In 1926 the Interstate Commerce Commission did not allow the brothers to merge their holdings. They then shifted their consolidation scheme to C&O to satisfy minority shareowners. This didn't work either.

The coming of the Great Depression in 1929 nullified whatever unification plans the "Vans" had. They died in 1936 and 1937 after their empire collapsed.

Between 1926 and 1930, the system saw development of new high-horsepower locomotives. The most famous of these was the 2-8-4 Berkshire. These were used by Erie and Nickel Plate. Later, T-1 2-10-4's were developed on the C&O based on the 2-8-4's.

By Ken Kinlock at

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The State of Ohio was once host to thousands of miles of east-west and north-south main line intercity, regional, and local branch line railways, interurban, and trolley lines, which played an integral part in the State's and our Nation's development. Since circa 1920, private railroad carriers, which have traditionally provided their own rail networks, have embarked upon policies that have severely impacted the State's production economy and passenger rail service. Considering their right-of-way to be real estate and appurtenances to be capital vs. public way transportation utilities, these companies have threatened and implemented consolidation, downgrading, rationalization, and liquidation of unwanted, extraneous, and redundant line routes and infrastructure, often leaving enterprises and passengers with limited or no competitive service or rail network access.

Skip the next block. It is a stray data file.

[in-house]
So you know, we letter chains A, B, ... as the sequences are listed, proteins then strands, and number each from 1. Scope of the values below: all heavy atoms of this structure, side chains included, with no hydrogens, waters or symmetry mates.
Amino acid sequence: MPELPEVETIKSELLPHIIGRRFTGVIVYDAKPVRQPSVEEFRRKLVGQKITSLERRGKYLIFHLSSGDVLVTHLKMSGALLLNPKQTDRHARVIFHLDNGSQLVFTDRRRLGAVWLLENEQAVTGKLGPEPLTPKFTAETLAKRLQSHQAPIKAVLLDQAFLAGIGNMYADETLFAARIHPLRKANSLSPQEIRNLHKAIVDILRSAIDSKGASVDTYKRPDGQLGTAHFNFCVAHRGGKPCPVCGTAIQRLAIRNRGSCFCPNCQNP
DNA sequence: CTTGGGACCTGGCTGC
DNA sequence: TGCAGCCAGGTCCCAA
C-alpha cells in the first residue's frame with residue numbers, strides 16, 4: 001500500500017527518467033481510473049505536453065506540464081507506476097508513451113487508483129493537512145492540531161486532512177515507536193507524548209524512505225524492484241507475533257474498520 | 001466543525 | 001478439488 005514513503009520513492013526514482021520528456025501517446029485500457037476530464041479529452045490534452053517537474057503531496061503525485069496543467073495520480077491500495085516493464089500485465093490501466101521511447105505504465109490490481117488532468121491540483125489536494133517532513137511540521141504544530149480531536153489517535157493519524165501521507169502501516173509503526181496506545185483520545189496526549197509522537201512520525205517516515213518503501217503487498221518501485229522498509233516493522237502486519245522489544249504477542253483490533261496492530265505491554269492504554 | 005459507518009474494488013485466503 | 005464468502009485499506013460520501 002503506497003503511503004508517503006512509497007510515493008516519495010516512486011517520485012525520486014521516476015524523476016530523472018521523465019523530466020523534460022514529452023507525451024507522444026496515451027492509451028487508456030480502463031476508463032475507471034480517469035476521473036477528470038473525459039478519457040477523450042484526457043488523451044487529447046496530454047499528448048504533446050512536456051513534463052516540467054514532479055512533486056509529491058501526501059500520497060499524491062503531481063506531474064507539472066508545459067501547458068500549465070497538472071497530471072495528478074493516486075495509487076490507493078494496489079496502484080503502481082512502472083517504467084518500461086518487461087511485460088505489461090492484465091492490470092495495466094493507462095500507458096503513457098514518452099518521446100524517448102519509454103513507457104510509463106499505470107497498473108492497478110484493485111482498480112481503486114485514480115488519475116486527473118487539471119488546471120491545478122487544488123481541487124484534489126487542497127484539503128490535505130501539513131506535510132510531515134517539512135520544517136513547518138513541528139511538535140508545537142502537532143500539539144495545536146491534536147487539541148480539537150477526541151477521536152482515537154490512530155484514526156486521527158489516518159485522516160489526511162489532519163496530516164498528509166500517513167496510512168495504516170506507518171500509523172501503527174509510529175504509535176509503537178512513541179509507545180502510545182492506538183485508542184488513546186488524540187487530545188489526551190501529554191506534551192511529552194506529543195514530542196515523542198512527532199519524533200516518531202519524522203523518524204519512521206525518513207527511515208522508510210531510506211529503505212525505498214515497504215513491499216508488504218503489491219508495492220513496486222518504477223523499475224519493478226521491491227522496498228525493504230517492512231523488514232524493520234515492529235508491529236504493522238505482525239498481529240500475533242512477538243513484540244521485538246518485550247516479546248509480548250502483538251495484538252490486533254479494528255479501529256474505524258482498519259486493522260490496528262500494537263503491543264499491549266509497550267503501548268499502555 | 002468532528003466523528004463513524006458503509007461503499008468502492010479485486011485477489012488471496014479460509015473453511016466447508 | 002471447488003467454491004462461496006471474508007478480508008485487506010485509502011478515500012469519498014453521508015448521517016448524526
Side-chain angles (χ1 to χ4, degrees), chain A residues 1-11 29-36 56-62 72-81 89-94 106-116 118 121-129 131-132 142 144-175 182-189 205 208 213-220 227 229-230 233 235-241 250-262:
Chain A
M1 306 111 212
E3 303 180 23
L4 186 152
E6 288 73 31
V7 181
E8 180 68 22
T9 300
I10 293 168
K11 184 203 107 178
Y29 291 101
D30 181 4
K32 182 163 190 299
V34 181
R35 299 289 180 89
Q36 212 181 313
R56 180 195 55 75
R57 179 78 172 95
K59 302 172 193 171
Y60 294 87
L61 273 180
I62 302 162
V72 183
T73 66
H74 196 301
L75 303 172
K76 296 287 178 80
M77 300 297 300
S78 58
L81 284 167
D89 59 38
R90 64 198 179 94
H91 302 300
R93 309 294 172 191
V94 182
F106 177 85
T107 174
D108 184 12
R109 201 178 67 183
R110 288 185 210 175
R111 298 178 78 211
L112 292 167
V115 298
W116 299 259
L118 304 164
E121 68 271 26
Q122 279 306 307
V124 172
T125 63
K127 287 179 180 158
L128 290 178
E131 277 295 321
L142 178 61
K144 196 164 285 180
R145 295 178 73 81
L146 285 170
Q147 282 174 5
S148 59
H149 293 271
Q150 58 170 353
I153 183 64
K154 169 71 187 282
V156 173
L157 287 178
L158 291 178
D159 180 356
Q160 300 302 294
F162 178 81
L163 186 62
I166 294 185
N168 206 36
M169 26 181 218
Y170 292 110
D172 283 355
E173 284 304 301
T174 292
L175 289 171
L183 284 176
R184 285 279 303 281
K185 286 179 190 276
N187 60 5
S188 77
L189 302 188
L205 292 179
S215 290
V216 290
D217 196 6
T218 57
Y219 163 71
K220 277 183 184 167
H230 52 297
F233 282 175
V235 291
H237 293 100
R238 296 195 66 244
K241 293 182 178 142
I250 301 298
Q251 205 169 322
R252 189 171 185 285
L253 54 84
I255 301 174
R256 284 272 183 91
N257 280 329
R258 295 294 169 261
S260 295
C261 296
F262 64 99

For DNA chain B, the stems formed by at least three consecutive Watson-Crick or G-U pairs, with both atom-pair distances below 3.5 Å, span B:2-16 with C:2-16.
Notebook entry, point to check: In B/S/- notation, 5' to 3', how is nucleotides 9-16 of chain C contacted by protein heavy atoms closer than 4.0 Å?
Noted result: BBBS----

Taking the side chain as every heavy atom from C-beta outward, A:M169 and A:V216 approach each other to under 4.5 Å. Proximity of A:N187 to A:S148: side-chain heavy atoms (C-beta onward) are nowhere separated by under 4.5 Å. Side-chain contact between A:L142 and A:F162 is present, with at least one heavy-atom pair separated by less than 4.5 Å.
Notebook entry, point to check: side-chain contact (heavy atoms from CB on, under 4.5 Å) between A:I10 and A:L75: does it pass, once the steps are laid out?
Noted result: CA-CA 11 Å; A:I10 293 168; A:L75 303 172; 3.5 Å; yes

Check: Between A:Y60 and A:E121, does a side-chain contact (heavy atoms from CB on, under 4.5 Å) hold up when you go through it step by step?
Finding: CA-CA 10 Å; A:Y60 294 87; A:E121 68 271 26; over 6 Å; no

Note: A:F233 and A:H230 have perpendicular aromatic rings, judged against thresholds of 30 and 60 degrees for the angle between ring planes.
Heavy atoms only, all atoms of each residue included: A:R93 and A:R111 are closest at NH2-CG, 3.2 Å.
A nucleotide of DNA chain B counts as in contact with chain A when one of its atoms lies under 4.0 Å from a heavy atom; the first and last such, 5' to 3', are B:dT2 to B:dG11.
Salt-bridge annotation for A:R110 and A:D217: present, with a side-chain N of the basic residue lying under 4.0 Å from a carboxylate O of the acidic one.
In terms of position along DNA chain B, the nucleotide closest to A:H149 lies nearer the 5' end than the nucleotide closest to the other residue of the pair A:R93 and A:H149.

The U.S. Railway Administration in particular, with its reorganization of bankrupt Penn Central Transportation Co. into the Consolidated Rail Corp. (Conrail), arbitrarily decided which PCTC rail segments to keep, sell to smaller carriers, or abandon, with wanton disregard to numerous local Ohio socioeconomies. Their apparent thinking was affected enterprises would simply utilize trucks, move to other areas better served by rail, or fend for themselves minus rail service. USRA did not imagine that enterprises would cease business entirely or move their production operations overseas. Its decisions in 1975 now greatly hinder this country's attempts to compete in a global economy against other countries that socialistically subsidize their production and transportation sectors.

Government agencies at all levels have yet to offer effective policy toward rail transportation other than monopoly deregulation, income and property tax breaks and abatements, trackage rights fees, and public line ownership, none of which are sufficient to assist usually marginal short line and regional railroad companies offset their immense costs to: